Dave Podhaczky: How did your bum go on the 3 longer crossings? Did conditions change much any days while you were paddling?
Great question Pod man. Oddly enough- or not, the more you paddle, the less the hard seat becomes an issue. False reason really. In saying that, I had my blow up thermarest pillow and it was a godsend the day after the 17hr paddle. Conditions were completely predicable- as they should be when making a major crossing (to an extent), given how much information we now have access too. You could certainly paddle in bigger conditions, but when a choice is on offer, and going fishing for another day- or rockpooling, or cloudwatching, or napping on sheoak nettles, then you wait.
Mitch: What was the best meal you ate and who cooked it?
I was not so famously poo-pood’ when producing a tin of no-name corned beef- Brazils finest, when hiking in the NT a few years ago. I ate the tin of pink and pasty sludge on my own. Risking it again on this trip, the boys were most impressed with a chilli-con-carn number made with the same tin of high grade cow. It earned me the number one gong until I outdid myself with fried mushroom burgers on toasted sourdough on night 14. A wheel of Flinders Island Brie was cut flat-ways (cheese ring the size of burgers). I nailed it, taking the top two gongs for the trip. In your pants Mitch and Sass (original doubters).
The shed: How many emails did you have waiting for you back at work?
Lots and lots of emails. The important ones were personal- well wishers, news, questions. And surprisingly, because most of my close crew, and work team, knew I was off in the blue, it was an easy and cathartic emergence back into farm, town and land life. The bubble defiantly breaks when you engage in the online, abstract world of seemingly no consequence.
Hakim: Apart from the physical rigours of sea kayaking, navigating and paying attention to what the weather was doing. What was going through your mind once you’ve gotten into a good rhythm?
Good question my dear man. Everything and nothing goes through your mind. If I am anything, it is good at both thinking wide and wonderfully, or locking off and almost meditating your way through a paddle day. Often, there is little to ‘think’ about. As in, technically, it really is just a case of rolling over the arms, 50-60 times a minute for up to- in this case, 17 hours a day. That’s a hell of a movement to repeat. There is immense satisfaction in doing something so similar, so minute (like a single step) that gets you so far in the end. On several occasions I thought of entire movie scripts, testing myself on frame by frame for the whole play. Or books, trying to imagine each pivotal plot turn, inspiring quote or shocking revelation. I’ve always thought I’d be good at crime, as I’d make use of my mind in jail.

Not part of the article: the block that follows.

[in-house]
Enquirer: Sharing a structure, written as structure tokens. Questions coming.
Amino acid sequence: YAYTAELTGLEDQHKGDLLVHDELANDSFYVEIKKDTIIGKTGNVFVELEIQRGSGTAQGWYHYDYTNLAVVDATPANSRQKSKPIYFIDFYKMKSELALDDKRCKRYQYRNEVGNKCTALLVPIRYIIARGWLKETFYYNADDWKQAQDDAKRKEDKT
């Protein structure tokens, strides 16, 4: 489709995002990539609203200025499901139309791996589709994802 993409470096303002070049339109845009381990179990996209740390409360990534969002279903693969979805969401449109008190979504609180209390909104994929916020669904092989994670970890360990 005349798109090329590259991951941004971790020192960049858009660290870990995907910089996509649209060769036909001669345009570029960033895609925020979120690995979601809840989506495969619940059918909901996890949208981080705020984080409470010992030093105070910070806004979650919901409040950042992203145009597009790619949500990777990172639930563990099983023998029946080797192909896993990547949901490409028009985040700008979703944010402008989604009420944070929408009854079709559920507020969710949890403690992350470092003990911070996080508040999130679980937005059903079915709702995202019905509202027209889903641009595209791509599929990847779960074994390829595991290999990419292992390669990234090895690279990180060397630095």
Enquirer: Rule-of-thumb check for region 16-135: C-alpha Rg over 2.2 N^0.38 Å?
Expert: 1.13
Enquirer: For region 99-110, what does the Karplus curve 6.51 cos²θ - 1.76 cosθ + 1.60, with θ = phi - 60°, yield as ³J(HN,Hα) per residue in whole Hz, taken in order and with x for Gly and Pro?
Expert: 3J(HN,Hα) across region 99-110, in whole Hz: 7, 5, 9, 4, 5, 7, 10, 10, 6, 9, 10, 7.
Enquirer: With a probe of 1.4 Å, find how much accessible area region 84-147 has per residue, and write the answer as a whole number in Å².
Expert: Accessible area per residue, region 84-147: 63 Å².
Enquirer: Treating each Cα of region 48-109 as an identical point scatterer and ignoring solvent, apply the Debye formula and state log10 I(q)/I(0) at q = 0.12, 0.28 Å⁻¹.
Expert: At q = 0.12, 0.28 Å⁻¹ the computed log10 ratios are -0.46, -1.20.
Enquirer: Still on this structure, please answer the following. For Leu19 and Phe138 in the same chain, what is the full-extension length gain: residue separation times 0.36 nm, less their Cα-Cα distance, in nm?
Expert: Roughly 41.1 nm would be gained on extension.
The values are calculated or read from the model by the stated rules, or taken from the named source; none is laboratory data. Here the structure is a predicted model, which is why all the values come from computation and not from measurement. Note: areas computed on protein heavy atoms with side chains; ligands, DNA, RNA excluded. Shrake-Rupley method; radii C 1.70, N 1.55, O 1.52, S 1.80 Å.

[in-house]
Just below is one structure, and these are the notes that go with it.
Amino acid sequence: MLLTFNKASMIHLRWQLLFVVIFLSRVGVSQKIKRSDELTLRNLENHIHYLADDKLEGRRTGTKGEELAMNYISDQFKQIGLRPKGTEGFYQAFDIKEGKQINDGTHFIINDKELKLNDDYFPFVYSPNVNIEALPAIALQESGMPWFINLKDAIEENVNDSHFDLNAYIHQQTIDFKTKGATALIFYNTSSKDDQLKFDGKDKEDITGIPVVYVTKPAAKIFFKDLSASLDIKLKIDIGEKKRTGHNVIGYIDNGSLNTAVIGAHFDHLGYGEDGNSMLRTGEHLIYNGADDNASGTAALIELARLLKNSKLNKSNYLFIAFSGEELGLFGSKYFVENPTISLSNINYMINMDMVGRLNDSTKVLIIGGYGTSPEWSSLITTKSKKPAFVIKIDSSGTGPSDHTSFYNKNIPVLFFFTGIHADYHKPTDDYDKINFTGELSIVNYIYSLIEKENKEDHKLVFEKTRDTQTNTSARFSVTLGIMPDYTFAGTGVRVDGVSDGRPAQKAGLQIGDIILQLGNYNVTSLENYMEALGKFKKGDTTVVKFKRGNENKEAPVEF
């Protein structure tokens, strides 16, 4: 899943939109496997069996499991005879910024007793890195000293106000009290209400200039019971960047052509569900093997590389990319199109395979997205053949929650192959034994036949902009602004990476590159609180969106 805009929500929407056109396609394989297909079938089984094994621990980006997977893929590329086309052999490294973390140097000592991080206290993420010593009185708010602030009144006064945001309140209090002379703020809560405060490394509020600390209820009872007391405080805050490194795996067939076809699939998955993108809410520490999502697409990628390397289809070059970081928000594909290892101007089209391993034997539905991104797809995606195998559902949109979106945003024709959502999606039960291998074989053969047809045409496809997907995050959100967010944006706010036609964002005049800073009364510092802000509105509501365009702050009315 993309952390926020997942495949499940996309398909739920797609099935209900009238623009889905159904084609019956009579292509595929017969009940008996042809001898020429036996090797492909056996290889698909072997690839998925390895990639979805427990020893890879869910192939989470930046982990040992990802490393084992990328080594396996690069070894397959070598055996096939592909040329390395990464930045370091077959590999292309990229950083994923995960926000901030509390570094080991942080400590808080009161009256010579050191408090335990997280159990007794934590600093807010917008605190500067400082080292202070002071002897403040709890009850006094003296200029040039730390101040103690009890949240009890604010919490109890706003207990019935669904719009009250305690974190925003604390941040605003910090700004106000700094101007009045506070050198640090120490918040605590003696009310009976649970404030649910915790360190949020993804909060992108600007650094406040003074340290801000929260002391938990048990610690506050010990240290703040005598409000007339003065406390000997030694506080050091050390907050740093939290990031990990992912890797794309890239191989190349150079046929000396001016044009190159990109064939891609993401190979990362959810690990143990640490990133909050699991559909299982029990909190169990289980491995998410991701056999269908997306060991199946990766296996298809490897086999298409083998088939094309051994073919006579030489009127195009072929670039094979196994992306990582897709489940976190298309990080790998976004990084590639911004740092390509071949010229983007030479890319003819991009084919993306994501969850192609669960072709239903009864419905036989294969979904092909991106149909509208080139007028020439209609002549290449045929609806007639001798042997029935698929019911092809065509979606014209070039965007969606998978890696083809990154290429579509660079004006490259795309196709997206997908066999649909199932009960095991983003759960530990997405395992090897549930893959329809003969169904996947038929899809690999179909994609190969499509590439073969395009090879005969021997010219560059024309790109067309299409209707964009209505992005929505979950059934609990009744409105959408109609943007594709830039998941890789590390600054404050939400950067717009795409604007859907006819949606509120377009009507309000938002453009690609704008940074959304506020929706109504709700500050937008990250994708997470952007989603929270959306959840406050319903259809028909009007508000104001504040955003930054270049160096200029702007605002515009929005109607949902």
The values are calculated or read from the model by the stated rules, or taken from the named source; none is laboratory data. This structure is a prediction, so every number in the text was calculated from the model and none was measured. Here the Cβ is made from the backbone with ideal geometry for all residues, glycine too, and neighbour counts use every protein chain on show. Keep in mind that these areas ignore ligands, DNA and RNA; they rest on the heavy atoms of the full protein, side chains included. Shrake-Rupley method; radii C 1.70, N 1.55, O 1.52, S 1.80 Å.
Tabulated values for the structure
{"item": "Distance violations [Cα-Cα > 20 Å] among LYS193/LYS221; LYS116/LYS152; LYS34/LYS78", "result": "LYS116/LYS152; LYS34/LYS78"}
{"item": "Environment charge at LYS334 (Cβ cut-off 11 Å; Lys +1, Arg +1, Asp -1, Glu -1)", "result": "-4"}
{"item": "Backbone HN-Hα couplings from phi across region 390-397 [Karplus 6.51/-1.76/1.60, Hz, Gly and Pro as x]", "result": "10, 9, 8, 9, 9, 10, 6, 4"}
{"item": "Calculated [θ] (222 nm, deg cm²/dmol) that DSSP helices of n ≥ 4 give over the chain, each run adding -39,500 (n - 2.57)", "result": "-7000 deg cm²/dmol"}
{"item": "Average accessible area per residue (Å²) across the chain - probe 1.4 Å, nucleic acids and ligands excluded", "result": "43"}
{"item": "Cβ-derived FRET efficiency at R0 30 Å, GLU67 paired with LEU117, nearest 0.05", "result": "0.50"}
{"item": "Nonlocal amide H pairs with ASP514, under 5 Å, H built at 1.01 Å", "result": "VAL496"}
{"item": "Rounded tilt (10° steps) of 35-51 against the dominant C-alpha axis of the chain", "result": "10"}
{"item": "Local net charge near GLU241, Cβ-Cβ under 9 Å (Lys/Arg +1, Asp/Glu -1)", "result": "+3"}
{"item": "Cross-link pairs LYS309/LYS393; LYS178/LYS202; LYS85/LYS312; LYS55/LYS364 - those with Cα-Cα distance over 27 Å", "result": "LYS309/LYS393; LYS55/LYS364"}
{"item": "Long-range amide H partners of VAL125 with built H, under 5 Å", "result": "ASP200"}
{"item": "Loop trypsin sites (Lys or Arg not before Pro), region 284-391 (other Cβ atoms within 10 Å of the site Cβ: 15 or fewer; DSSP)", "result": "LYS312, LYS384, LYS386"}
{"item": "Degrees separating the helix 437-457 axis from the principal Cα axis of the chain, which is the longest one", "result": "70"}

Jimma: How does/did your partner take the news and cope with your adventurous aspirations? And how did you convince her to let you go?
This is a frequent question my man Jim. A good part of me thinks little of the prospect of departure. As in, asking if I can go, or not. Yet the other half of me is so damned loyal and loving of these people that I think I’m an arsehole for entertaining the idea of 1) long bouts of being away and 2) the prospect of disaster. In all, I think I balance this pretty well. Absence makes home even stronger and the loves in my life even heavier. And remember Beau, don’t cock it up!
Hoops: What was the hardest aspect of this expedition, in terms of mental/physical/emotional?
Hi mate. Well. Decision-making can sometimes feel like a burden. But with tent time, this prospect gains perspective and you thank your lucky starts that you’re out there! The longer I’m out, the easier this process becomes. You/I become the decisions and it’s the easiest thing in the world to do after a while. It makes life back at home seem easy (when there are more factors at play- political some would say). As my mum says- all you have to do is live by your body and the weather!
Jimmy: Did Nooramunga have a different feel to it on the day of your departure than to the many other experiences there?
I actually left from Tidal River. Really disappointed actually not to leave from the familiar waters of Port Albert of Port Welshpool. But, not long off heading back to those beaut, shallow grounds of so many seasonal voyages. By golly what a place- a place in the world that’s an ode to BSOR and my old mate Ponch!
NB: for those who have not paddled Nooramunga in Gippsland. Do you mind and arms a favour and go and get tidally marooned on Snake Island. It’ll change your life.
Kathy: What’s the best time killing game you guys played on those days marooned on land waiting for the weather to get better?
Good Q K. Not sure about that lads, but I embraced the down time with every inch of me. I read a lot, and walked around, drank a lot of tea and thought long and hard about the world. It was one chunk; 6 days on Deal Island. I say I ‘down time’ but I also got busy with some tasks. I made a new garden bed and mallet for the garden, fished for myself, the lads and the caretakers, and re-packed 6 times to iron out my systems. Priceless amongst all this was long sessions of tea and early dinners over boyish banter. Great great times.
Nicola: Did you take any zucchinis from your garden with you?
Nadda miss Nic. and half regretted not taking a few of my pumpkins…Next time!